The ss command is useful for investigating sockets. Its -x option displays Unix domain sockets. The -a option lists both listening and non-listening sockets. We use grep my.sock to filter the output of ss -xa. u_str in the output means that this is a stream socket.

It’s also possible to use datagram sockets. In this case, we must pass the -u option in addition to the other options:

$ nc -lUu /tmp/my.sock
$ nc -Uu /tmp/my.sock

Next, we run the ss -xa command:

$ ss -xa | grep my.sock
u_dgr UNCONN 0      0                                                          /tmp/my.sock 54743            * 55374

u_dgr in the output means that this is a datagram socket.

4. Using socat

Another option for communication with Unix domain sockets is to use the socat command. The socat command establishes a bidirectional communication channel between two data sources and transfers data between them. It supports Unix domain sockets in addition to many other types of addresses.

Let’s spawn a process using socat:

$ socat - UNIX-LISTEN:/tmp/my.sock

This command is equivalent to nc -lU /tmp/my.sock. The UNIX-LISTEN address type is for listening on a socket file, which is /tmp/my.sock in our case, using a Unix domain stream socket. It creates the socket file if it doesn’t exist.

socat expects two addresses as arguments. The hyphen (-) in the command is a synonym for STDIO. In other words, it specifies that messages should be read from STDIN and that incoming messages should be written to STDOUT. This is the first address. The second address is UNIX-LISTEN:/tmp/my.sock. Therefore, the established communication channel is between STDIO and UNIX-LISTEN:/tmp/my.sock.

We can change the order of the addresses as the communication channel is bidirectional, thus, we can use socat UNIX-LISTEN:/tmp/my.sock – instead of socat – UNIX-LISTEN:/tmp/my.sock.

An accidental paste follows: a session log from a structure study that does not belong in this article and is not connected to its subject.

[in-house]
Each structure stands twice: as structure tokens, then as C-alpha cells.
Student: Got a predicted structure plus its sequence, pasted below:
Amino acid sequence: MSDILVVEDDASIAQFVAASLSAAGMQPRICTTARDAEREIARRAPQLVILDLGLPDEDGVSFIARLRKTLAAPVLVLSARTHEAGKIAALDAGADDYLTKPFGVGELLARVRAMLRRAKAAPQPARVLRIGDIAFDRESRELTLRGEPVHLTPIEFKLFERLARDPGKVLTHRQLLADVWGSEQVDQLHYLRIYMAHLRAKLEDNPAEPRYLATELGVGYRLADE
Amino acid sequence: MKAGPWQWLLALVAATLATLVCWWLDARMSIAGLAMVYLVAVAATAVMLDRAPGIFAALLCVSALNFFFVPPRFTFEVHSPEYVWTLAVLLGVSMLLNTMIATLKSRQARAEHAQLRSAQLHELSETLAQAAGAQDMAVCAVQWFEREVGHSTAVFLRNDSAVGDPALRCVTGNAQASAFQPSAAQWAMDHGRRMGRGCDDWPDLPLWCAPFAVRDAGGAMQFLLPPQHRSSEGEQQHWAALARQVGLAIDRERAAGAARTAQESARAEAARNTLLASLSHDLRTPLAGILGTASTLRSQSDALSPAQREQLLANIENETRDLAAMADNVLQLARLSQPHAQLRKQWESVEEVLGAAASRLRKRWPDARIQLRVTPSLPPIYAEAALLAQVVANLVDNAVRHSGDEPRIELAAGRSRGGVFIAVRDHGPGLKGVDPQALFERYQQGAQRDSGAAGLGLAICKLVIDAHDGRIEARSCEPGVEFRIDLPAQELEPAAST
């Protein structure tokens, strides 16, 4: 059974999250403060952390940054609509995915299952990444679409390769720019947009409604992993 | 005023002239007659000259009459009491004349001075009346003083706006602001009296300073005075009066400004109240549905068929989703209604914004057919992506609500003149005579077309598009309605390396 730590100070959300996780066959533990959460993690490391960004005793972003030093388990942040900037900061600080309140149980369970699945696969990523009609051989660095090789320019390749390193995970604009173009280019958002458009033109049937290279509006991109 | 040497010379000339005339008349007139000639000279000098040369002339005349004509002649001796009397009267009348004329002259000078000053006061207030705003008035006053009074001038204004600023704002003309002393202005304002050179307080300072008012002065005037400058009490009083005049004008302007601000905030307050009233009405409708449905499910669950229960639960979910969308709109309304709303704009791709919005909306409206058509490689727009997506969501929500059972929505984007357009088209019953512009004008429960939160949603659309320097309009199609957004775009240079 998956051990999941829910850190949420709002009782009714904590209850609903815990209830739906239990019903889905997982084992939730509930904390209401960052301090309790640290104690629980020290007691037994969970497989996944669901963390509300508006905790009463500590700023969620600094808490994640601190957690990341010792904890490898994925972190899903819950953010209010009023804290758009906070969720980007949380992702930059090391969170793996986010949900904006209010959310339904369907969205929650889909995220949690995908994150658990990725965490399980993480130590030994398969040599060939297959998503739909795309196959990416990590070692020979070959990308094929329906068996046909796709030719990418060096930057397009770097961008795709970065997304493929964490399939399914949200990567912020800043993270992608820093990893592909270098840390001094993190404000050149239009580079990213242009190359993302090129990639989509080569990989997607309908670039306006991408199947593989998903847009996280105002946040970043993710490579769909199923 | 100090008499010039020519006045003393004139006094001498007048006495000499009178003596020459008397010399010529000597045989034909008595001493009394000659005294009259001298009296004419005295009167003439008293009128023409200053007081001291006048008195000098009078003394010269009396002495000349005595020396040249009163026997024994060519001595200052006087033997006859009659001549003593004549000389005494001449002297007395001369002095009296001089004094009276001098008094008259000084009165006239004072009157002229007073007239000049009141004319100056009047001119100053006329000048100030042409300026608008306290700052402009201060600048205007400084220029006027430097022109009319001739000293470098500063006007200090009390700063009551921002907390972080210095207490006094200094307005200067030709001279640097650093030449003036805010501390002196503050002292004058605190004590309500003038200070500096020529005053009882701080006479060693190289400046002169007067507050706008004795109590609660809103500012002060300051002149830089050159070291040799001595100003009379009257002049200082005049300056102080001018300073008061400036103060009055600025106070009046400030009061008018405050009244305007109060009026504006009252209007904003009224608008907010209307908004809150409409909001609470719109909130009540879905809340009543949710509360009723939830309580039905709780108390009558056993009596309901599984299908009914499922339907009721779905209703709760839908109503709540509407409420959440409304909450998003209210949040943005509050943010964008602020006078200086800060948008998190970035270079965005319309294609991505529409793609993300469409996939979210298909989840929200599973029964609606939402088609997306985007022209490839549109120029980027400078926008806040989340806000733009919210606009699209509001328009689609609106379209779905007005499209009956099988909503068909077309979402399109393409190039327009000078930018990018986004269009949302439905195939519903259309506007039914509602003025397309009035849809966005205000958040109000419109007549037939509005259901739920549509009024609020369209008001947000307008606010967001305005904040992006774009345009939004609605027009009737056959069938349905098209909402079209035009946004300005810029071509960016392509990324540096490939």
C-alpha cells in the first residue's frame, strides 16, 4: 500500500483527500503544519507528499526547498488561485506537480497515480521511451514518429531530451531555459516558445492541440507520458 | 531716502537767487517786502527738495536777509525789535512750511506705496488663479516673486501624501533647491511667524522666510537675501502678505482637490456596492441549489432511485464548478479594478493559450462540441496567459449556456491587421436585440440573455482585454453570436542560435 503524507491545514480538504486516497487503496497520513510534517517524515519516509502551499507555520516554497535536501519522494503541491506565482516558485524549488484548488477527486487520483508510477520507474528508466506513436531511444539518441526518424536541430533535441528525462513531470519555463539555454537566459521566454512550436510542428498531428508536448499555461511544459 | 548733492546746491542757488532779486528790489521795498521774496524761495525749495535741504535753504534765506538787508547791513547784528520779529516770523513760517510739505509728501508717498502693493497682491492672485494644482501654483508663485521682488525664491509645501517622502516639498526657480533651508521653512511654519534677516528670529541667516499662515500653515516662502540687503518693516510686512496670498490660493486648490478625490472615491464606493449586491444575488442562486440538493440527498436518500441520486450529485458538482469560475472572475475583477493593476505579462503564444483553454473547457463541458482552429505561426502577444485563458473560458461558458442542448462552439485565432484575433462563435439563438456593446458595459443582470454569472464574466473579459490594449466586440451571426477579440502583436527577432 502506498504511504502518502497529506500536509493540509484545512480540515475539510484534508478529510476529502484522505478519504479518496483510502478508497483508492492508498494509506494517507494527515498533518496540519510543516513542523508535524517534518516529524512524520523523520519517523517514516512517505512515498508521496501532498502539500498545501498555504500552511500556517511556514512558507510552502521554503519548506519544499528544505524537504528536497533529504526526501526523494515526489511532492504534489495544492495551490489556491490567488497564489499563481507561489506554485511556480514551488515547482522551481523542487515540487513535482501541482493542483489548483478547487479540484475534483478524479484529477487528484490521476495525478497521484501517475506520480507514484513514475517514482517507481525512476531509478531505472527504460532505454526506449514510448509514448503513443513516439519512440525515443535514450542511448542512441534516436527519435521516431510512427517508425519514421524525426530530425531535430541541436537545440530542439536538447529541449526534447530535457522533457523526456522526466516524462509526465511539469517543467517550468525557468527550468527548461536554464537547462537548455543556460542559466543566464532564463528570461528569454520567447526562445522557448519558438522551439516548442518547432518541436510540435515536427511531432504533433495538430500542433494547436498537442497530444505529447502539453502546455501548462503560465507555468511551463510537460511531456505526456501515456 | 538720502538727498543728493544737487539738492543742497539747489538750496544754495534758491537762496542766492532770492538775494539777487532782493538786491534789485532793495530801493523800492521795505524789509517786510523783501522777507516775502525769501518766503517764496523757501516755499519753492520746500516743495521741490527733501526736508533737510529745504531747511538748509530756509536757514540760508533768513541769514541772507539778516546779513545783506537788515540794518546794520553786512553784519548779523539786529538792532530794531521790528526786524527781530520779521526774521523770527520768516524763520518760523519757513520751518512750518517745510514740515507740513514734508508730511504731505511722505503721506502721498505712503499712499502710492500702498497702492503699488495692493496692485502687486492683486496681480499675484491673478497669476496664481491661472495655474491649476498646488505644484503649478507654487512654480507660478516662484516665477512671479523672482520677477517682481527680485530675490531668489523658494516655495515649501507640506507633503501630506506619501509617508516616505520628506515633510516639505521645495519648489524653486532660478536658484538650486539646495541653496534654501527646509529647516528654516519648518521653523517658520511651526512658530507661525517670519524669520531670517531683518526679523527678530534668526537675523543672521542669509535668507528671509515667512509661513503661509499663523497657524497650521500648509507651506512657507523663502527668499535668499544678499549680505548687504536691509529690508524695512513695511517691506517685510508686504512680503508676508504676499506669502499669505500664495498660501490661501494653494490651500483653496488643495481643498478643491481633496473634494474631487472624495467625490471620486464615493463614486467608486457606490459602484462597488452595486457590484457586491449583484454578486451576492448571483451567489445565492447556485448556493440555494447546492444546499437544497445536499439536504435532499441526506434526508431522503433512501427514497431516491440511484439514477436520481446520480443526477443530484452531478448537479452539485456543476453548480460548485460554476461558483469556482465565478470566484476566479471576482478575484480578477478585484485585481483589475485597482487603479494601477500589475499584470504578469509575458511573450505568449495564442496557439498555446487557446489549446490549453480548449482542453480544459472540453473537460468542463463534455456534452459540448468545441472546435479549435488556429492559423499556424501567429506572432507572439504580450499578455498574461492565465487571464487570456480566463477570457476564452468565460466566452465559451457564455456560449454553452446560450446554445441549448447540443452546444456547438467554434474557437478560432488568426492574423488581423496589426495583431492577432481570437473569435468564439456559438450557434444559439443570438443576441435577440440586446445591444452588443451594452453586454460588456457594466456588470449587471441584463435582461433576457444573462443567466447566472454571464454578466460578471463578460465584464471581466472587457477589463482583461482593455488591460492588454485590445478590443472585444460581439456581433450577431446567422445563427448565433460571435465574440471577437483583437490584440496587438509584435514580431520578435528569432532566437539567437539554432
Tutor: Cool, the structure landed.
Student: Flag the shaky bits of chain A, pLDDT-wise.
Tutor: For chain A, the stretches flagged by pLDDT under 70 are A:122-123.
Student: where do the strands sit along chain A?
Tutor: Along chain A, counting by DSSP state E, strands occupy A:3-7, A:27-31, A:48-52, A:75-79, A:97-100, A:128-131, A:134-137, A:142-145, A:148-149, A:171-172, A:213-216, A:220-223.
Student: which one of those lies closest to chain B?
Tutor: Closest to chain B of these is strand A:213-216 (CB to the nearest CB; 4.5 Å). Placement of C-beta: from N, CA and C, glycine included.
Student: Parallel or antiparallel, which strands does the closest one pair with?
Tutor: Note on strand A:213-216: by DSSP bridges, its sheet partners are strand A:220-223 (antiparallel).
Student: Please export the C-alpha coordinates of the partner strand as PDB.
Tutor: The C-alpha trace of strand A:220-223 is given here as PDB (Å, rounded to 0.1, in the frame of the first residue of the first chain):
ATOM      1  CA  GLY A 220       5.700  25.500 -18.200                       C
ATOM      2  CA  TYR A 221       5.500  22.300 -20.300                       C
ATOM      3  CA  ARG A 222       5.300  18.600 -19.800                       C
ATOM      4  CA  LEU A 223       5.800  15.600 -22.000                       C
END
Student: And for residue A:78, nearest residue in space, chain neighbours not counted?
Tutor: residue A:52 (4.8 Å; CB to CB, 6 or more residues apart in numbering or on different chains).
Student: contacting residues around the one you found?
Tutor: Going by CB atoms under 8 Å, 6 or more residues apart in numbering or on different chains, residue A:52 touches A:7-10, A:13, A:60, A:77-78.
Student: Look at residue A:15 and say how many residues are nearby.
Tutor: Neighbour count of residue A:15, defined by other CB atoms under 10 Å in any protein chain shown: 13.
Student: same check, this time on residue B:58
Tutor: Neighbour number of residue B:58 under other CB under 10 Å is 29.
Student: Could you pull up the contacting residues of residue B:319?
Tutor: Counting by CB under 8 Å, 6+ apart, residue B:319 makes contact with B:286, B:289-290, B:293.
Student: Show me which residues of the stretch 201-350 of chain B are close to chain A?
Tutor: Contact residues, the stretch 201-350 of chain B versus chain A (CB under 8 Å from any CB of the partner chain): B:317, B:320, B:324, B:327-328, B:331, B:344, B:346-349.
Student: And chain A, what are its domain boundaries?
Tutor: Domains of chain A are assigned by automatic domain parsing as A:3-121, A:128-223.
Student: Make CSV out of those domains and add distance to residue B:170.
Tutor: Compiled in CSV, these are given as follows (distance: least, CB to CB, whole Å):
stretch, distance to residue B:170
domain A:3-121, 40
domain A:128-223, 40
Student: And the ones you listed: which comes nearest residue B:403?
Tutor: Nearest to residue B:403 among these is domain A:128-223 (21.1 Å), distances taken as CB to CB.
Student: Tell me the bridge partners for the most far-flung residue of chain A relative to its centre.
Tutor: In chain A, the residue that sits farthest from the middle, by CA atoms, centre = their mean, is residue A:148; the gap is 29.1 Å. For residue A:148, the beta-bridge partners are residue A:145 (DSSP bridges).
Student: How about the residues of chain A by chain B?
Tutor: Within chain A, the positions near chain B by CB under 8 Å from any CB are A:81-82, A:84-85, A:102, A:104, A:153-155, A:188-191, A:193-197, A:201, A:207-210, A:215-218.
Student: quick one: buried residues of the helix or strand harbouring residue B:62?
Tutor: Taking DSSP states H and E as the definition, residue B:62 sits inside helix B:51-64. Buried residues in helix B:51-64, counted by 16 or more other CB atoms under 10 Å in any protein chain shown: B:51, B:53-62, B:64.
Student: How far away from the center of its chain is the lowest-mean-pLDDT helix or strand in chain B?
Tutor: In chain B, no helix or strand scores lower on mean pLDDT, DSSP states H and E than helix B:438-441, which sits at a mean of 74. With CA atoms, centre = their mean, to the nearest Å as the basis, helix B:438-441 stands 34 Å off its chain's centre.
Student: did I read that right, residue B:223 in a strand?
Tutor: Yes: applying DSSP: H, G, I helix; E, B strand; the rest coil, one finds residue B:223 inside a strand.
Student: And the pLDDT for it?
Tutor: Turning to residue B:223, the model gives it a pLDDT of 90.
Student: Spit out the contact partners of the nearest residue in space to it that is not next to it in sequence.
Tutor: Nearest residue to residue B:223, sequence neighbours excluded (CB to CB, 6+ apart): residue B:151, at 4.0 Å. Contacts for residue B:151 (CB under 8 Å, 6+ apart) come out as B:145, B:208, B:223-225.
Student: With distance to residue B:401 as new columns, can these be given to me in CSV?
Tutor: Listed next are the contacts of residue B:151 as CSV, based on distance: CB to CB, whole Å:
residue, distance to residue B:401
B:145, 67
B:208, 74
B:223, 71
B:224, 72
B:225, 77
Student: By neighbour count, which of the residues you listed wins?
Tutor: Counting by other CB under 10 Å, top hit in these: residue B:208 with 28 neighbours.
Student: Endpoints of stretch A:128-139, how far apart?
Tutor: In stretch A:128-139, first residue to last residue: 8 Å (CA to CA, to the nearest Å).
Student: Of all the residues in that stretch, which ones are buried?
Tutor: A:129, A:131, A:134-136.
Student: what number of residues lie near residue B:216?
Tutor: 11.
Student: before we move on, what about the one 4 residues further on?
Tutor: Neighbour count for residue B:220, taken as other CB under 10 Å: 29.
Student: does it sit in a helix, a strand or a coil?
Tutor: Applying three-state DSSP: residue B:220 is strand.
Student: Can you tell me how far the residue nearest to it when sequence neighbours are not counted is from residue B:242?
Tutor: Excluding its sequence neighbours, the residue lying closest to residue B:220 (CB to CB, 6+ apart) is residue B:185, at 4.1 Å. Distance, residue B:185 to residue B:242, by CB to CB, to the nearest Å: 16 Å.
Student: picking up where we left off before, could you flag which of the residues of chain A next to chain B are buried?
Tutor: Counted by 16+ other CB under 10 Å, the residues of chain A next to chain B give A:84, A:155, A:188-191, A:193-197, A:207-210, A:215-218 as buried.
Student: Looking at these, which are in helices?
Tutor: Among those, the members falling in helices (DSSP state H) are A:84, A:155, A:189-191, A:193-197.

Now, let’s spawn another process using socat:

$ socat - UNIX-CONNECT:/tmp/my.sock

The UNIX-CONNECT address type connects to the specified UNIX domain stream socket, which is /tmp/my.sock in our case.

Both processes wait to send and receive messages using the socket file, similar to the usage of nc.

socat also supports communication with Unix domain datagram sockets. We can use the UNIX-RECVFROM and UNIX_SENDTO address types in this case.

5. Using socket

Another option for using Unix domain sockets is the socket command. The socket command creates a TCP or Unix domain socket and connects to standard input and output. It’s available only in some Linux distros such as Ubuntu and Debian. However, it supports only Unix domain stream sockets.

Let’s create one end of the communication channel using socket:

$ socket -s /tmp/my.sock

The -s option of socket creates a server socket and waits for incoming connections. It takes the socket file as an argument. We can create the other end of the Unix domain stream socket using the same command without the -s option:

$ socket /tmp/my.sock

Sending and receiving messages is similar to the usage of nc.

6. Conclusion

In this article, we discussed how to create and use Unix domain sockets from the command line. We learned about the usage of the nc, socat, and socket utilities. nc and socat support both Unix domain stream sockets and Unix domain datagram sockets. However, socket supports only Unix domain stream sockets.